- MELINDA DESLATTE, Associated Press
By MELINDA DESLATTE, Associated Press
BATON ROUGE, La. (AP) — Sports betting won’t be coming to Louisiana, despite a U.S. Supreme Court decision allowing it.
Sen. Danny Martiny chastised his colleagues Tuesday for spurning efforts this legislative session to legalize the activity in Louisiana.
Martiny, a Republican from Kenner, had predicted a Supreme Court ruling Monday that struck down a federal law barring every state but Nevada from allowing sports betting. He said Louisiana could stand to benefit by legalizing and taxing the betting activity. But he couldn’t convince his colleagues in the face of opposition from conservative groups and pastors who object to anything that could be considered an expansion of gambling.
After the Supreme Court ruling, Martiny had an “I-told-you-so” moment on the Senate floor.
“We’re the laughingstock of the country,” he said.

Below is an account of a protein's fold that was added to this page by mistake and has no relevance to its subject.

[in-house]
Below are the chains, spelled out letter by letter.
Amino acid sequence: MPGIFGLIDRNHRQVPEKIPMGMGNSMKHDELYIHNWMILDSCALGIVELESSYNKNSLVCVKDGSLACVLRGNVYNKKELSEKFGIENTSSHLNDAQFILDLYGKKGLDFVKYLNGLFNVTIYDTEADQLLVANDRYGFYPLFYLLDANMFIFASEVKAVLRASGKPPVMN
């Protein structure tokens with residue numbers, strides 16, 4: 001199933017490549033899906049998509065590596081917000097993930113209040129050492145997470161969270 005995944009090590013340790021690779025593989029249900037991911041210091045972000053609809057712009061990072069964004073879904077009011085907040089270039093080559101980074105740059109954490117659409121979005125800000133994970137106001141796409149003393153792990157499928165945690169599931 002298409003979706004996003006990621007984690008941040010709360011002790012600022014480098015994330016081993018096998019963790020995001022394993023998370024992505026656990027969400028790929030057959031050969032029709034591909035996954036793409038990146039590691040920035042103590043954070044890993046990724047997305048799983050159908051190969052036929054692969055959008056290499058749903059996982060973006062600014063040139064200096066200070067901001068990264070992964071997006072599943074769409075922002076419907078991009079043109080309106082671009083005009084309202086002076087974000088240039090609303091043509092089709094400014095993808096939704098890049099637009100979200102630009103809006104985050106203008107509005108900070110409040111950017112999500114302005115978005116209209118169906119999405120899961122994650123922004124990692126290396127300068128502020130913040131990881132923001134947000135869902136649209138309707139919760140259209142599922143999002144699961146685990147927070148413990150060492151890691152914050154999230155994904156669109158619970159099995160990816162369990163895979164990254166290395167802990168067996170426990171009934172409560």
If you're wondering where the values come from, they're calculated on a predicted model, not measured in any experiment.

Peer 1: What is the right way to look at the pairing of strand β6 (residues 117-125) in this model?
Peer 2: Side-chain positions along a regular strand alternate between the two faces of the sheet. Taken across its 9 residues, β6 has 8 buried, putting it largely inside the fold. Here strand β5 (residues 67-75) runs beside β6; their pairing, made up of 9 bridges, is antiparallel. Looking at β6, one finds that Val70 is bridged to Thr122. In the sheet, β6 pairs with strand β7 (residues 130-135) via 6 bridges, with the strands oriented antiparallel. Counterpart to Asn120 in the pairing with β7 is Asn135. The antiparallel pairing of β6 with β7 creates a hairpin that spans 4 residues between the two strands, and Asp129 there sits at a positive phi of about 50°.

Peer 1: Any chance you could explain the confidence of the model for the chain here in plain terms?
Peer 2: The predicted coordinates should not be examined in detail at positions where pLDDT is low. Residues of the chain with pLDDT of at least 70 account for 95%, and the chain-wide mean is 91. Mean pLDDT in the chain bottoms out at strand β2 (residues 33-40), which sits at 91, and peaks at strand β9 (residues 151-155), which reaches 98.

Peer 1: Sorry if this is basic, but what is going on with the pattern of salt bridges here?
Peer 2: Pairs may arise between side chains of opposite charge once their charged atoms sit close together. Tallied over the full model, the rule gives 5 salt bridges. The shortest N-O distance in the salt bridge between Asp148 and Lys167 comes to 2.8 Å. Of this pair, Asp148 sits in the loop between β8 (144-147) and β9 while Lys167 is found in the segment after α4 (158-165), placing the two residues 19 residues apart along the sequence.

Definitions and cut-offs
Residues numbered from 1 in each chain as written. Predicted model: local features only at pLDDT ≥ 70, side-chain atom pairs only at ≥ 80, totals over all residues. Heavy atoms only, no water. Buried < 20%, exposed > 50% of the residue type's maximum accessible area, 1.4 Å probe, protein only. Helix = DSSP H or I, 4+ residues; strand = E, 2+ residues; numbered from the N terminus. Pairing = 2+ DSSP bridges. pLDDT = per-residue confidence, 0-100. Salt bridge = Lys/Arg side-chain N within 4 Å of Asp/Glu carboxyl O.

Martiny said while other states are talking about the money they’ll make from taxing the betting action, Louisiana will be left behind. He noted Louisiana has a deep budget gap looming on July 1, and he said the money from sports betting could have helped.
“Even Mississippi’s way ahead on this. So, in our quest to be No. 50 in everything, here’s another one,” Martiny said sarcastically. He added: “We can’t fund our necessary services in this state, but we’re making sure gaming doesn’t expand.”
Martiny and other lawmakers asked Gov. John Bel Edwards to allow the Louisiana Legislature to debate the legalization of sports betting in a special session that starts next week. But the Democratic governor refused.
Edwards said including that item “could complicate things greatly” in a session aimed at passing taxes to close the budget shortfall. The governor said even if lawmakers approved sports betting, that wouldn’t help the budget immediately because voters would have to decide if they want sports betting in their parishes through a referendum process and then regulations would have to be devised.
“It’s not something I’m saying no to forever,” Edwards said.
Martiny said he’ll bring the bill back next year.
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